Understanding Senioritis

All throughout high school, I was always friends with people in grades above me. A topic that has always come around this time of year was “senioritis.” Senioritis, according to Urban Dictionary, is “A disease affecting mostly high school seniors. Symptoms include: laziness, lack of motivation, excessive absences in school, putting off assignments till the very last minute (more than usual), etc.” I would always tell myself that I love being busy and productive, so I wouldn’t have similar experiences with senioritis, right? Wrong. What I didn’t realize was that senioritis takes a toll on you in multiple different forms. It’s a combination of burnout, lack of motivation, and feeling of uselessness all mushed together to create an extra burden for getting up in the morning. 

I’ve always loved working and being productive, and finding avenues to make working fun (I’m writing this in a coffee shop in Long Beach that I found exploring areas near one of the places I work at). However, second semester senior year just led to me staring at an assignment, thinking “I do not want to do this at all. I wonder if my friend did it and if they could send it to me.” That friend did not do it and asked if I could send the assignment to them. 

Working during classes even became difficult. When we have free time to do an assignment in a class, I usually think I’ll do it later, and then decide to look for prom dresses or plane tickets. Sometimes, though, I convince myself to do the assignment with the mindset that if I don’t do it now, I will have to do it later, and that it won’t be easier to do it later. For some subjects, like AP Gov, IB English, and occasionally IBESS, that mindset works. However, for AP Psych and yearbook, that mindset rarely works. I always end up putting those assignments for the very last minute, and barely do them.  

For me, doing the work was actually one of the least difficult parts of senioritis. I found motivation to do it, thinking I don’t want schools to rescind their acceptances (which can happen if you’re thinking of competitive schools), I don’t like teachers thinking I’m slacking, and (honestly) I like when the Aeries is green instead of yellow. It becomes difficult to do assignments, but studying becomes even harder, and that’s something I barely do now.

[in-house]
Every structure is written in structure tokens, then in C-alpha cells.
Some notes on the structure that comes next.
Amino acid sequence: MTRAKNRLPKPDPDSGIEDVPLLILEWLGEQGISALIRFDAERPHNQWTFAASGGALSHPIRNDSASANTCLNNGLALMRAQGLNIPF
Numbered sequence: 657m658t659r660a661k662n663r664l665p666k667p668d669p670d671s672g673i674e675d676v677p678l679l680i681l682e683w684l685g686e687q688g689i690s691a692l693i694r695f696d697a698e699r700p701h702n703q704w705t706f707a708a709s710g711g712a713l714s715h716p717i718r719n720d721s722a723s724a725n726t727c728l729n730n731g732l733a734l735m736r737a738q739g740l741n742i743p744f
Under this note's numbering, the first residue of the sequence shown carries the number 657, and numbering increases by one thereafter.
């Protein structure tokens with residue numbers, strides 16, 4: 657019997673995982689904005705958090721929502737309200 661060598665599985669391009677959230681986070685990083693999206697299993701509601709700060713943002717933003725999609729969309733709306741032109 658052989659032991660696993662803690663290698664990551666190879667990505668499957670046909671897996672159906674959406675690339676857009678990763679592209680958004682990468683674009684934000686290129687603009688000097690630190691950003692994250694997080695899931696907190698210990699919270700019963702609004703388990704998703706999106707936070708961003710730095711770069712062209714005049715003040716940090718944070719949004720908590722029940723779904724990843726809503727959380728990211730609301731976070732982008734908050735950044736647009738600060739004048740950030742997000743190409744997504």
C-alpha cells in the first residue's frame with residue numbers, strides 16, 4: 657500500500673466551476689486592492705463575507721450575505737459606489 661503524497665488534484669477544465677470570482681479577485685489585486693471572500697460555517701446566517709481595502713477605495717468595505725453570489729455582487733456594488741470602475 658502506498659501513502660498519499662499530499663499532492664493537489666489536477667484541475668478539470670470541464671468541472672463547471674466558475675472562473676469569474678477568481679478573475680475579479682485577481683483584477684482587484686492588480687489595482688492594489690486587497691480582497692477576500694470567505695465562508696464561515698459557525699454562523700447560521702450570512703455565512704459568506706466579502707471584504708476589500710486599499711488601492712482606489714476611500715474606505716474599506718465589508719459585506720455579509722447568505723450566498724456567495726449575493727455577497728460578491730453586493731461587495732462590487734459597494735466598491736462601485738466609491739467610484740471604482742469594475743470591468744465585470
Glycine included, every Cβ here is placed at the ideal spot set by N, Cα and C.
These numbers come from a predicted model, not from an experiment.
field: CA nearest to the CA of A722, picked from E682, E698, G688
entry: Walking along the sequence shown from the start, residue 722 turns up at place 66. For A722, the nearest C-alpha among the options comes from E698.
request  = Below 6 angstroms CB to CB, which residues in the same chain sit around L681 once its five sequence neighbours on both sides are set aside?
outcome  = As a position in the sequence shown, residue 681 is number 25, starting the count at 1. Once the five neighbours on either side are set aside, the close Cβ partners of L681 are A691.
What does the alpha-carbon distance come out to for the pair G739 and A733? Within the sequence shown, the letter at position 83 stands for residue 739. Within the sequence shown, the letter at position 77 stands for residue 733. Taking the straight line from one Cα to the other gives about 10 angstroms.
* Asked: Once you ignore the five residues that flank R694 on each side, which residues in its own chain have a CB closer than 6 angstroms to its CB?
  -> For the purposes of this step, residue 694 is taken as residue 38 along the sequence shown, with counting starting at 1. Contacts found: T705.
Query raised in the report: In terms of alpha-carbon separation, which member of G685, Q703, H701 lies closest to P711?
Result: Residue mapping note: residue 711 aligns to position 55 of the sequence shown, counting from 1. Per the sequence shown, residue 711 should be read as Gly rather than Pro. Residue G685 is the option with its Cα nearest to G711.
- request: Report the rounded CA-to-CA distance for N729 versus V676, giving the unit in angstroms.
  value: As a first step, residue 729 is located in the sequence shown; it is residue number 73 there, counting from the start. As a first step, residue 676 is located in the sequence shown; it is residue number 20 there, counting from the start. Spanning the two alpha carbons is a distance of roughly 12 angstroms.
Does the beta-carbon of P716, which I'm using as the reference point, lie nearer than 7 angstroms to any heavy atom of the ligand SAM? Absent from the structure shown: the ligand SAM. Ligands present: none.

Something that is increasingly difficult is going to school. At one point, I realized that 99% of things I do in half of my classes take less time to do on my own, and I can miss class. The moment I walk into class, I have the thought of, “I don’t want to be here, can my mom call me out early?” I honestly do not remember the last time I went to every single one of my classes in a week. I’ve always skipped at least one period a week. Am I proud of it? Not particularly. Am I going to start caring about my attendance? Probably not. Honestly, my parents, college counselor who is my bestie, and even extended family empathize with it. My aunts even help convince my mom to let me skip: “She’s a senior who got into good schools. She doesn’t need to go to school anymore. It doesn’t matter.” I need extra motivation to show up to school, so I try my best to make it as entertaining as possible.

 One of my classes is heavily discussion based, and missing that class means writing out the assignment we talked about in class, which is not a trade I try to make, since I love the discussions in that class (shout out 3rd period Miller). It’s also really easy to read for that class, since I like the books we read, and if we prove we’re reading through our supplemental assignments, then we might not get quizzes. Other than that, I love most of my teachers (all but one. They will not be named), but hate showing up to class, which sucks because then I don’t see them. Most of my classes are senior only or junior/senior only, so most teachers are really empathetic about senioritis, and their classes chill out around now (except for that one I already talked about). Since I’m in all AP’s, the learning in my classes ends in late April, then review, then take the AP exam, then chill in classes waiting for the school year to be over, or doing projects to boost grades. I often make the joke that after AP exam season, I’m barely going to show up to school, but honestly, I’m not so sure that’s a joke anymore. I have family in Boston and San Francisco, and I want to go see them. I think it’s time to buy my plane ticket.

It’s easy to stop caring after college acceptances, but if you’re waitlisted at a college you would love to attend, try to think of your letters of continued interest and how you want to brag about raising or maintaining your grades.

Senioritis is very real and something most seniors can relate to, all to different extents, but still relate. Remember that you’re not alone, and to push through. In a couple years, you will be wishing you were back in 3rd period IB English with Miss Miller, instead of dealing with real life and taxes. You’re never going to be in high school again, so try to live it out as much as you can. It’s not easy, but it’s almost over. Try your best to make school as much fun as you can, and remember to find joy in the little things of high school you’re not going to get ever again. Along with that, try to go to as many other things as you can! I’ve been to more games and events this year than the last three years of high school combined, and I love it. Try your best to have fun for the rest of this year, it’s almost over. You only get one senior year, make it count!